Three miles off the coast of Long Island, pirates sailed aboard a ship to infiltrate New York City radio waves. They hijacked frequencies in the name of free speech and better music, they said.
In the realm of crimes committed in 1980s New York City, this may sound like a minor offense, but their actions were highly illegal.
It’s Radio Clash
New York City radio had a huge influence in the 1980s. The power of radio DJs was not only for the broadcasters, but also for the artists who played on the radio.
âIf you were played on the radio you had a hit. Even though there was less freedom back then, commercial music radio was still at the heart of music culture in America, âMarty Brooks, New York Radio Archives, told Inside Edition Digital.
As mainstream radio played this year’s record hits like U2’s “The Joshua Tree”, Paul Simon’s “Graceland” and Bon Jovi’s “Slippery When Wet”, some of the year’s hottest stars felt that the musical selection was not interesting. . The motivations behind the musical selections were not creative.
âOne of the things that happened around that time was that there had already been a lot of sales of radio stations to bigger companies. And every time a radio station was sold, the debt service increased. And when the debt area increased, they had to increase their advertising revenue, âBrooks said. âTo increase advertising revenue, we had to appeal to the greatest common denominator.
The increase in radio play equates to more albums bought in stores.
âAny radio station that was in the top 10 or top 15 could break a record. And it certainly made a significant difference because if you were playing people would come out and buy that record, âBrooks added. âAlthough there were different formatted radio stations, we all listened to pretty much the same thing. So people like Madonna or Bruce Springsteen or Michael Jackson, they were great bands for everyone, or almost everyone. And so radio has had a huge impact.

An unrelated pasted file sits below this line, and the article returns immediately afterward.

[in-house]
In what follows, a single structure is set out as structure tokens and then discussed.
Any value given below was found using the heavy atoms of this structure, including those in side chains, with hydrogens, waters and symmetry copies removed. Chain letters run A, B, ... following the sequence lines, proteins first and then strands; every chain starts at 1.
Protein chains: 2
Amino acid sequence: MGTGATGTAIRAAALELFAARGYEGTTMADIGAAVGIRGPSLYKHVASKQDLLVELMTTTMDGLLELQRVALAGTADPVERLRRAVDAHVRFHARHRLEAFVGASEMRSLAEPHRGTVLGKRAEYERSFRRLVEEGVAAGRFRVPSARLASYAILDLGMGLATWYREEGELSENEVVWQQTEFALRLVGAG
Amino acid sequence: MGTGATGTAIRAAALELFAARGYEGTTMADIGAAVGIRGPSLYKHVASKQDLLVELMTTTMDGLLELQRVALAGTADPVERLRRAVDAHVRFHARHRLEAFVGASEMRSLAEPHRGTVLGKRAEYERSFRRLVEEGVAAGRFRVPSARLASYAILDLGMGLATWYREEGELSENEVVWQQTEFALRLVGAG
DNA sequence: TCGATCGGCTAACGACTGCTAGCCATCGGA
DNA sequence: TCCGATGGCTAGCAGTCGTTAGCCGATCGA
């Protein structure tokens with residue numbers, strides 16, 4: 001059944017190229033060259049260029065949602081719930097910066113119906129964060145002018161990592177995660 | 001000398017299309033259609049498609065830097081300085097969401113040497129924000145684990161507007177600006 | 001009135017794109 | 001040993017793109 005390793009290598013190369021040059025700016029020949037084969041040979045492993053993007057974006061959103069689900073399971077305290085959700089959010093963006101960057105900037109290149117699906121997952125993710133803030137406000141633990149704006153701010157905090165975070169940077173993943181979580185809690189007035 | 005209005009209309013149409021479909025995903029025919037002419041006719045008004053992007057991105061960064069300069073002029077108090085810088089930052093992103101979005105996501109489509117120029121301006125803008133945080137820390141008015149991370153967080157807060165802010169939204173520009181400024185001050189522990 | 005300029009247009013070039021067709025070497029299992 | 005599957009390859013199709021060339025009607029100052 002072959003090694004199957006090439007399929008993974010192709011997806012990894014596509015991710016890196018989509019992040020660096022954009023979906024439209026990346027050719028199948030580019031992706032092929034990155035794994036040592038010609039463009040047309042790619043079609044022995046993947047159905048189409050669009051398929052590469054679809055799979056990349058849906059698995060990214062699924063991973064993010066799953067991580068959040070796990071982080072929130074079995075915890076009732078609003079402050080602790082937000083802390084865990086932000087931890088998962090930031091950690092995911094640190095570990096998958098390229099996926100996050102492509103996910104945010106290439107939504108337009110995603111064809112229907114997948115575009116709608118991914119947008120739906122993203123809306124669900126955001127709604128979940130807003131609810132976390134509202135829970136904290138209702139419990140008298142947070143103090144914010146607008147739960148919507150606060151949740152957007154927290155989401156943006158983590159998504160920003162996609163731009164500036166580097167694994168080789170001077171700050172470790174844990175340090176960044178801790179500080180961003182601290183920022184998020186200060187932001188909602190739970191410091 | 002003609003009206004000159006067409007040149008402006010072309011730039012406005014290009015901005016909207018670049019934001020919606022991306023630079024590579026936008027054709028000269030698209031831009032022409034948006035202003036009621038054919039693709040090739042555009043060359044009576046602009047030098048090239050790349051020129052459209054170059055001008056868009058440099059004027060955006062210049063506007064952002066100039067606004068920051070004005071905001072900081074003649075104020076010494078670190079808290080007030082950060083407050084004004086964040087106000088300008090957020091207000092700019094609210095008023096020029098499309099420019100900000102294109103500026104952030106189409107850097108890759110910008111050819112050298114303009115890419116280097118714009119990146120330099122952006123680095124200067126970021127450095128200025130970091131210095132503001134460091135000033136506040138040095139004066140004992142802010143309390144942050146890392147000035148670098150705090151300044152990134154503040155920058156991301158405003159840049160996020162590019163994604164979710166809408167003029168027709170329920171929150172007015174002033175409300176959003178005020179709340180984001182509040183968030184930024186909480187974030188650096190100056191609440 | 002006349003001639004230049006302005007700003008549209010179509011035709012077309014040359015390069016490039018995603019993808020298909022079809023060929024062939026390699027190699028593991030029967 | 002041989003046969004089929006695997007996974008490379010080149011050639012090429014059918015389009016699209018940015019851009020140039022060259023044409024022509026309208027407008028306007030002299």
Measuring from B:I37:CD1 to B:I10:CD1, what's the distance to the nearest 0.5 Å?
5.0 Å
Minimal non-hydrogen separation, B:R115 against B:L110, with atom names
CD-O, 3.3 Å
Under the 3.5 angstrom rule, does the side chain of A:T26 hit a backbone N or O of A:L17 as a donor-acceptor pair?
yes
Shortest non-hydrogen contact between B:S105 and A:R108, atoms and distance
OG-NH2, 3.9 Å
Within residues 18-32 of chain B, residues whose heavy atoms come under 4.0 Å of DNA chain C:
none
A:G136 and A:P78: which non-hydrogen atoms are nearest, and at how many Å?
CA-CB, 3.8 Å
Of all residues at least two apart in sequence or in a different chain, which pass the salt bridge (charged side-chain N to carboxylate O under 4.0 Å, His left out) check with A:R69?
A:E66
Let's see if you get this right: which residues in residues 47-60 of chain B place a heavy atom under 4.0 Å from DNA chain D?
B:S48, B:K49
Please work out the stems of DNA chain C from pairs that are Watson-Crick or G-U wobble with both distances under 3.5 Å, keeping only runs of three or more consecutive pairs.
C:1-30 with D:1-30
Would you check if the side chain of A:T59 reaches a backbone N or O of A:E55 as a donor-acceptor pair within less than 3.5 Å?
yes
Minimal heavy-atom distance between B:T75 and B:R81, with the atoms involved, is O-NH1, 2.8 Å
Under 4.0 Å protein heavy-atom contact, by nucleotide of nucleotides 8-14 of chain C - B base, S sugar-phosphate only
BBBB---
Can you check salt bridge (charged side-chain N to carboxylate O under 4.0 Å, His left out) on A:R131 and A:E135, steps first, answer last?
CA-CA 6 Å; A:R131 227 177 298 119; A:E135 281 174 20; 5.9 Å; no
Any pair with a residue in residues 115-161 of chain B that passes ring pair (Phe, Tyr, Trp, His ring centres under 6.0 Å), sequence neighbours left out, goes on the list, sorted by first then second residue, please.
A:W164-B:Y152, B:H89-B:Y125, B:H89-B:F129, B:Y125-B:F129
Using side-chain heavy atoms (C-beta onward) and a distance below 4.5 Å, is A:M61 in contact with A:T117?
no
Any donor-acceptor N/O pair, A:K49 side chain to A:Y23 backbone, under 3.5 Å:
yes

But some consumers wanted something more, including those behind Radio Newyork (sic) International, or RNI. RNI was a pirate radio station that wanted to end corporate radio.
âA group of us who wanted to bring free speech radio to the New York metro area, because remember that time, in the 1980s, to enter the New York market, you would need $ 30, 40, 50, 60 million to buy an existing AM or FM radio station, âAllan Weiner, who orchestrated RNI, told Inside Edition Digital. âSo we decided to take another legal route, which was to outfit a ship as a broadcast ship and place it in international territory, which is about three miles off Long Island, New York. “
Weiner, a self-proclaimed âgeekâ, loved to build radios, and I had experience in equipping ships with transmitters.
He bought a ship with the help of RNI members in 1986 and spent the year outfitting it in Boston Harbor.
Weiner claimed he had a crew in the area. “Crazy old hippies and wild guys” in Boston who helped “build it all, and ride the towers, and stuff.” It was a very profitable thing that we did because it can cost millions of dollars to outfit a good ship, but it didn’t cost us that. It cost us thousands of dollars to do it.
Brooks said Weiner and his team provided shortwave transmitters for broadcasting from the ship. “not difficult at all” To broadcast since.
âShortwave radio is a radio that operates on a different set of frequencies than AM and FM. And it’s basically used to tune in to international radio stations that operate on shortwave, âBrooks said.
RNI also needed a radio license, which was acquired from Honduras.
âThe ship was registered in Honduras, it had a Honduran radio license and we were completely legal,â Weiner said.
Weiner explained that they set sail for New York once the ship was ready to depart. He and other DJs come from there. Once there, they started broadcasting three miles off the coast of Long Island in what it says is international territory.
âThree miles, that’s all. [The FCC] have no jurisdiction. Just as they do not have jurisdiction in Canada. They do not have jurisdiction in Mexico. And that’s what we’ve done to keep it legal, âhe said.
The ship was nicknamed “The Sarah”, Weiner reported that the pirate radio reached its location off Long Island in New York in July 1987. There it sent transmissions to 103.7FM. Pirate radio was online.